The apogee of this type of ignoble-fate, paratextual satire is, perhaps, a pamphlet published in 1753 by J. Lewis: Bum-Fodder for the Ladies. A Poem, (Upon Soft Paper). In this case the paper that the text is printed on is, itself, a satirical reflection on the fate of occasional verse and/or the value of occasional verse.

If, as the author says, the fate of such verse is to be used as toilet-paper, it may as well accept this reality, and offer verse worthy of its fate, printed on soft paper.** The poet has the last laugh: concluding smugly with a reminder to the reader that they have paid a high price for this bumfodder:

  I do not promise much, perhaps you'll say;
  But I'll fulfil, and that's the surest way.
  What can be expected, when I fairly tell ye
  That nought but Bumfodder for Sixpence I sell ye?

**It is not really surprising, but it is noteworthy, that only two copies of this poem survive.

Sunday, 8 July 2012

Haywood Lost in the War

When I was in Germany in 1995 and 1997, searching for copies of Haywood's works, I encountered a few ghosts. Two which stand out in my mind are translations of Ab.67 The History of Miss Betsy Thoughtless: one in Berlin, one in Munich. In both cases one of the two volumes that comprise each set were "keine Benutzung möglich" [lost in the war].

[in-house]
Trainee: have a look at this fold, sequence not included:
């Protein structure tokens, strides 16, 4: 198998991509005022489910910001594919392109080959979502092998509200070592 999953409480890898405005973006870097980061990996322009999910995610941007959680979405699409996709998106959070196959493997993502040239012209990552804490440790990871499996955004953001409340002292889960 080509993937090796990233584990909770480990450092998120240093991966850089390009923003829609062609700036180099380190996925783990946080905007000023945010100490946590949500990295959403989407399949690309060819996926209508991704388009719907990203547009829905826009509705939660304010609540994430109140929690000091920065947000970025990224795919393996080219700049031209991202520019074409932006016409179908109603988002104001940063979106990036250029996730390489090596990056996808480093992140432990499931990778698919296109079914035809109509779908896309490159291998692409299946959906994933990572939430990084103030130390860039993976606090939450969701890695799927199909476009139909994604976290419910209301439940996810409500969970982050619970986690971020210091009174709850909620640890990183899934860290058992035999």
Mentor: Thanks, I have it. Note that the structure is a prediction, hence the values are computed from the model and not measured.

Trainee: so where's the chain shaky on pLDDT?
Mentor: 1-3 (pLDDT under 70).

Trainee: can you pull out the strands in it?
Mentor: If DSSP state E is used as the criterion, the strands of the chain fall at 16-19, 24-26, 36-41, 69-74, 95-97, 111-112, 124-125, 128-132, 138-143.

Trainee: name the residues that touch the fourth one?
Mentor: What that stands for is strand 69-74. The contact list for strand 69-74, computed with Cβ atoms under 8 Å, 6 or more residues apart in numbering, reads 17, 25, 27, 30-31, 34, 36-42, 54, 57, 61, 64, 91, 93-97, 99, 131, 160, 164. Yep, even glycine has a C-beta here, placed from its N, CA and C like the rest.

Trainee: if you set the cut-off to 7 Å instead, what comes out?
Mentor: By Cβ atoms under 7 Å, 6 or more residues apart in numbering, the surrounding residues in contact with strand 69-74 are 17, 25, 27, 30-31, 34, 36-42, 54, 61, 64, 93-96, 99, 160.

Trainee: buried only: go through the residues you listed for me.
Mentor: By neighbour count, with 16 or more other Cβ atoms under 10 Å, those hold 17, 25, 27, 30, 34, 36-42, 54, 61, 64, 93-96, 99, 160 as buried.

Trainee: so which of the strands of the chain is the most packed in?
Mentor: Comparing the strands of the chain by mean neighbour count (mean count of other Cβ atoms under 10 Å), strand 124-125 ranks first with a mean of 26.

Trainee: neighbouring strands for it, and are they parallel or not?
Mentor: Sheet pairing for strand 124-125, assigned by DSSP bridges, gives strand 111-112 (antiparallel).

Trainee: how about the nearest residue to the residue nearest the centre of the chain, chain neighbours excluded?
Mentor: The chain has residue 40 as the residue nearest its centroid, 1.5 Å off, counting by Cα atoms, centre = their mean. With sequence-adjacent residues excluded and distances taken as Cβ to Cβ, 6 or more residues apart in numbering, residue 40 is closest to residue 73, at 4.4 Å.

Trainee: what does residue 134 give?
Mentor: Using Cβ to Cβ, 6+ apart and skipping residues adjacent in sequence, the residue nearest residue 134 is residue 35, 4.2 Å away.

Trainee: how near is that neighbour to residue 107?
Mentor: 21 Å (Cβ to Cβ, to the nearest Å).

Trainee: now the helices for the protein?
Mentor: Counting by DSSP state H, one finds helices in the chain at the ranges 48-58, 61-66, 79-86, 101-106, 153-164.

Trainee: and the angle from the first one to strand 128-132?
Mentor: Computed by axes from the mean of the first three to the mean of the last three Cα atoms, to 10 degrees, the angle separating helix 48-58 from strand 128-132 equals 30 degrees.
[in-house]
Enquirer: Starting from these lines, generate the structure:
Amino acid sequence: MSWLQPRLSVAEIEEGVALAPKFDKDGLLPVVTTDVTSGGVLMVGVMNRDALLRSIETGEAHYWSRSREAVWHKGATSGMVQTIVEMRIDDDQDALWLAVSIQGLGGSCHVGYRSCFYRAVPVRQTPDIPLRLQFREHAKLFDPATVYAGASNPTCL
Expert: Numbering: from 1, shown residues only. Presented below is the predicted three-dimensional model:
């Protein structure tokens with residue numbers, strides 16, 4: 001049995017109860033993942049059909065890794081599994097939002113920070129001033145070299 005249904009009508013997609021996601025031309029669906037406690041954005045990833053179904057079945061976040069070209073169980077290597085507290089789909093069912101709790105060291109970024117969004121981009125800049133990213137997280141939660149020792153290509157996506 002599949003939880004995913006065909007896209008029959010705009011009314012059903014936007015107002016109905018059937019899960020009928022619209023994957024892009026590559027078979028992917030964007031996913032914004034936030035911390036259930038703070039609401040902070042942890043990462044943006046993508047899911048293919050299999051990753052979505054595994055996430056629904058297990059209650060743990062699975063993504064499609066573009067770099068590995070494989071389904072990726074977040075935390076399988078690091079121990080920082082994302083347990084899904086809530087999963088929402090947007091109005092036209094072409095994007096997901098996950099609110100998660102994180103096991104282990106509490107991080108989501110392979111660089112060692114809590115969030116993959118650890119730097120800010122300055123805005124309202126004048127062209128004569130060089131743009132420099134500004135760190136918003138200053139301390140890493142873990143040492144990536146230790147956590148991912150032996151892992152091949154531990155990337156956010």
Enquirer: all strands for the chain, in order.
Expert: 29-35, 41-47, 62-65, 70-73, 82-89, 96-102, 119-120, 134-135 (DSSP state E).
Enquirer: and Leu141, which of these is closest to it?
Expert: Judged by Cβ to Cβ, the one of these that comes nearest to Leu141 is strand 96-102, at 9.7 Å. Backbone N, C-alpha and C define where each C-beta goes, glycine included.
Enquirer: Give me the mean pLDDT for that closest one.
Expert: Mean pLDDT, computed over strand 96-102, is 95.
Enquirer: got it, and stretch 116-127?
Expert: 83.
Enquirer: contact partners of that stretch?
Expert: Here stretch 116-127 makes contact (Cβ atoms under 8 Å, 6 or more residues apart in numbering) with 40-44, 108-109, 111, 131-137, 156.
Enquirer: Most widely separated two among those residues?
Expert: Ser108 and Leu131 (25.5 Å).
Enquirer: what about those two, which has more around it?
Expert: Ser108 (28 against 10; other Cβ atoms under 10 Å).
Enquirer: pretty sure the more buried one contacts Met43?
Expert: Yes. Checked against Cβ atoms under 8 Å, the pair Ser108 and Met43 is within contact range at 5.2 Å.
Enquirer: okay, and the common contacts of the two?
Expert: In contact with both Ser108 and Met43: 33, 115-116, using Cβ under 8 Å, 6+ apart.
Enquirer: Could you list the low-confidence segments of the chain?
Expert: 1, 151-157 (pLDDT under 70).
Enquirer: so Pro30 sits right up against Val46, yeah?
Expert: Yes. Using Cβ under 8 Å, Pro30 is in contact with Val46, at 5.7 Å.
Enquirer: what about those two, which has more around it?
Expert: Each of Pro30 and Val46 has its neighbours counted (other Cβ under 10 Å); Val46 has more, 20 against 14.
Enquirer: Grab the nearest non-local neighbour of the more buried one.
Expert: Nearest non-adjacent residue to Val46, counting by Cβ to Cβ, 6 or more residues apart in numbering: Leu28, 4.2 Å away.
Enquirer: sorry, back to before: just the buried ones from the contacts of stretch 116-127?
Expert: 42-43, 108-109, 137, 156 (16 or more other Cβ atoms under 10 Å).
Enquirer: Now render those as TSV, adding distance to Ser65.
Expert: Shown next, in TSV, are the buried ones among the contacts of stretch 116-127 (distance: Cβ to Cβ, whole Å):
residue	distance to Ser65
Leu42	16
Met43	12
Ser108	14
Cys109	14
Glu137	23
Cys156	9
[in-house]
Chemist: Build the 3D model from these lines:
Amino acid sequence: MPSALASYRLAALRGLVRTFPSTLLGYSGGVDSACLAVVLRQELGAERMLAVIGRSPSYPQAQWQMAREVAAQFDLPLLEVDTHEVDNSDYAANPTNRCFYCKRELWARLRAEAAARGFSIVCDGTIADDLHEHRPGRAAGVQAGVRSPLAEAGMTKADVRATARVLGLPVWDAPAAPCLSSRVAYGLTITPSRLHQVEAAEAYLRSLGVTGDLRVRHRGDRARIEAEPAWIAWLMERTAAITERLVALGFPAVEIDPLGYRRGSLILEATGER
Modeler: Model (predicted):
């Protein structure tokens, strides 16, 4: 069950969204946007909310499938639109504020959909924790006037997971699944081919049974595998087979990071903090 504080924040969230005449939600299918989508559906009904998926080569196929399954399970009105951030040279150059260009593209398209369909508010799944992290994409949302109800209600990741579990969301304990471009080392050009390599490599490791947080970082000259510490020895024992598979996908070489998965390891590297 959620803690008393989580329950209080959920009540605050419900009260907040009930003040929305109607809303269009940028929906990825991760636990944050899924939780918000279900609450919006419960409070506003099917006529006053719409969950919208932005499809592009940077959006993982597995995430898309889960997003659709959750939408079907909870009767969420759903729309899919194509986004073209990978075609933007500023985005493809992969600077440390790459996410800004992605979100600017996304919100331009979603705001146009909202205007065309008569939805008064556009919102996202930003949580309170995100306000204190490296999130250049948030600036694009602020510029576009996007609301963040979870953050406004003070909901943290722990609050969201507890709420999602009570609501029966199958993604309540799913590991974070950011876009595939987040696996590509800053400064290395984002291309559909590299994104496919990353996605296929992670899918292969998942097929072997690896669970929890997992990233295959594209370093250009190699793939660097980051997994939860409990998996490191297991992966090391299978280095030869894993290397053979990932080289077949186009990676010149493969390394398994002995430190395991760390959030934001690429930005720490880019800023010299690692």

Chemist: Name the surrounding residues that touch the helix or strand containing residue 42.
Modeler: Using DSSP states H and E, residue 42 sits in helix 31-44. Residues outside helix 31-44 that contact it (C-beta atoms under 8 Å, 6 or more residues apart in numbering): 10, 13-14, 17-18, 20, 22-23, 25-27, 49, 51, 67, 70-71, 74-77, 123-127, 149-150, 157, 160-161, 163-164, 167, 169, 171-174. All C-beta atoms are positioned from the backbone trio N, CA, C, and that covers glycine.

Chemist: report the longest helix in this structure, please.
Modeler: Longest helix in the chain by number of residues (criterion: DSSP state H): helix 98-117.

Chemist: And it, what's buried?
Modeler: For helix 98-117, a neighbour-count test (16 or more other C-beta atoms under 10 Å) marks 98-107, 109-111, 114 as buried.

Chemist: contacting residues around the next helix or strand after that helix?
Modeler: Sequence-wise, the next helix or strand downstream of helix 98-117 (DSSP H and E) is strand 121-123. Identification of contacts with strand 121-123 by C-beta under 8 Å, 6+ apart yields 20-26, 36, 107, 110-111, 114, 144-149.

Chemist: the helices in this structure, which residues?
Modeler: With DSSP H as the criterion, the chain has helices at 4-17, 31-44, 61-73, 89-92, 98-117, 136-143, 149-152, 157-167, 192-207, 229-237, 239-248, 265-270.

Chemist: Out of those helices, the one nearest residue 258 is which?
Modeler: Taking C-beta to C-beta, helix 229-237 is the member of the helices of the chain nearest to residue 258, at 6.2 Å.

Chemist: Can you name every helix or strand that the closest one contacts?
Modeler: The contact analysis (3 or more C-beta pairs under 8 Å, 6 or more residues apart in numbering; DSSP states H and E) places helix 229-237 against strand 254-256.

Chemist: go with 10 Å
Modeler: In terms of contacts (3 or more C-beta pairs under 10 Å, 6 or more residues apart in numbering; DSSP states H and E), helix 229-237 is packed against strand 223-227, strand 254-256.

In the case of Ab.67.13 L’Etourdie, ou Histoire de Mis Betsy Tatless (Berlin, 1755) the Bavarian State Library (the Bayerische Staatsbibliothek) in Munich held a set in two volumes in 1934, which was reported by Mary and Lawrence Price, but only the first volume survived WW2.

In the case of Ab.67.17 Geschichte des Fräuleins Elisabeth Thoughtleß (Leipzig, 1754) the Berlin State Library (Deutsche Staatsbibliothek) in Berlin held a set in two volumes in 1931, which was reported in Gesamtkatalog der preussischen Bibliotheken, but only the second volume survived WW2.

(The Prussian State Library i.e., the Preussischen Staatsbibliotheken only existed between 1918 and 1945; the library was broken up with the partitioning on Berlin and the collections were not reunited until 1992, only a few years before my visit. See Wikipedia entry here.)

I was struck, at the time of my visits, by the symmetry of these random losses, the first volume of one set, the second volume of another. And I was reminded of these losses this week by the happy discovery that Staatsbibliothek zu Berlin has acquired a second set of Ab.67.17 to replace the set "keine Benutzung möglich." And, ever-zealous to make amends for the past (past destruction wrought by and on them), the Germans have published the whole thing online (here) in colour.